The case of the day is TruePosition, Inc. v. LM Ericsson Telephone Co. (E.D. Pa. 2012). TruePosition is in the business of “developing and marketing high accuracy location products that operate over cellular telecommunications networks.” TruePosition sued three firms, LM Ericsson Telephone Co., Qualcomm, Inc., and Alcatel-Lucent USA, Inc., for violating the Sherman Act by conspiring to exclude TruPosition’s “Uplink Time Difference Of Arrival” technology from industry standards promulgated by the Third Generation Partnership Project, a non-profit standard-setting organization in France.
Ericsson had moved to dismiss for want of personal jurisdiction, and the judge had permitted TruePosition to take jurisdictional discovery before ruling on the motion.
Ericsson ETSI, a non-profit standard-setting organization that was also named as a defendant, then sought a protective order, asserting that all jurisdictional discovery had to proceed via the Hague Evidence Convention rather than under the Federal Rules of Civil Procedure. As a threshold matter, the judge rejected the notion that its decision should turn on the distinction between merits discovery and discovery aimed at deciding whether it had personal jurisdiction:
Importantly, we also point out that there is no exception to the Aerospatiale holding for jurisdictional discovery. The distinction drawn … between ‘merits’ discovery and ‘jurisdictional’ discovery is predicated on a false dichotomy of having and not having jurisdiction, and amounts to no real difference because the court has jurisdiction for either type of discovery. (Citations omitted)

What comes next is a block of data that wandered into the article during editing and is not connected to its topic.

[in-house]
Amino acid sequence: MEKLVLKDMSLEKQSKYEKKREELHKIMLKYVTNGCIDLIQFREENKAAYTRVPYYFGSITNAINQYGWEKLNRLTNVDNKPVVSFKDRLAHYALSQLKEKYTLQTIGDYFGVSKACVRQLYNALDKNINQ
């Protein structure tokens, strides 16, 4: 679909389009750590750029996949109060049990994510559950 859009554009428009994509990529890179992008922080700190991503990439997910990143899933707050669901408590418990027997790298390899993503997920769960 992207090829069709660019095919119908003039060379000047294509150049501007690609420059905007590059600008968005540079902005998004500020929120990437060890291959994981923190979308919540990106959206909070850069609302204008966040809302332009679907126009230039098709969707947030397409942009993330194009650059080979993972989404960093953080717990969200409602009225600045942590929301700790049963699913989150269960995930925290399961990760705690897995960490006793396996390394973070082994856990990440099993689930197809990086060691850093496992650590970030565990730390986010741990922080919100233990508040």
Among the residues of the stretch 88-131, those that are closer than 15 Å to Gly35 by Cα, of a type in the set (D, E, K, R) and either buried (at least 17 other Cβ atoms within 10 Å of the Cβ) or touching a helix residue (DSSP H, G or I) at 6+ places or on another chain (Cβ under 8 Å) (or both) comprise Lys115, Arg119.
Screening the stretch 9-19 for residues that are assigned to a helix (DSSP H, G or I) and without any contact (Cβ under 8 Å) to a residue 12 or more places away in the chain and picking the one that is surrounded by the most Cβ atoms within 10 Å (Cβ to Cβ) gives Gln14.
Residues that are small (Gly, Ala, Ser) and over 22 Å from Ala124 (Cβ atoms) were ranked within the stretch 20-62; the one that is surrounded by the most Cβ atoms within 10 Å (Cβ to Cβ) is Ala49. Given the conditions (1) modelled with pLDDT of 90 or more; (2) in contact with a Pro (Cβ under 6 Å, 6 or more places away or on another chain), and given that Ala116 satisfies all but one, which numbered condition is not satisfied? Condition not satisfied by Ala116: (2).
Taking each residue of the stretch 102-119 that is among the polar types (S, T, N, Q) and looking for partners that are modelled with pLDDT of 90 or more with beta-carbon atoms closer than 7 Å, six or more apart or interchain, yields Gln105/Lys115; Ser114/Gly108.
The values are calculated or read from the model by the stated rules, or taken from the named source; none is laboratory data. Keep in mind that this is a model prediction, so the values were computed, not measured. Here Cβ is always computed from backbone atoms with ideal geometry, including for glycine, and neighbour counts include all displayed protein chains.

Ericsson’s main argument was based on the French blocking statute. The judge held, correctly, that the blocking statute was not dispositive, but it found that the Aerospatiale factors were mixed. On the one hand, the discovery sought was limited to narrow issues, the Hague Convention procedures were likely to be more time-consuming, and the United States has a “strong national interest” in providing a remedy for anticompetitive behavior in the international telecommunications market. On the other hand, Ericsson was acting in good faith, a factor that weighed “slightly” in its favor.
The judge took note of the Christopher X case, the case in which a French lawyer had been held criminally liable for violating the blocking statute, but he noted that there were apparently no cases where the blocking statute had been enforced by France in a case involving jurisdictional discovery (I am not sure why this is a relevant consideration, and it is at odds with the judge’s own observation about the lack of a distinction between ‘merits’ and ‘jurisdictional’ discovery) and noted the precedents discounting the fear of prosecution even after Christopher X.
In light of this analysis, the judge denied the motion for a protective order. This decision illustrates the point the ABA made in its recent resolution: US courts are reluctant to give much weight to foreign blocking statutes. Whether they are unduly reluctant, whether they are just following the logic of Aérospatiale, or whether Aérospatiale itself should be revisited, are the meaty questions.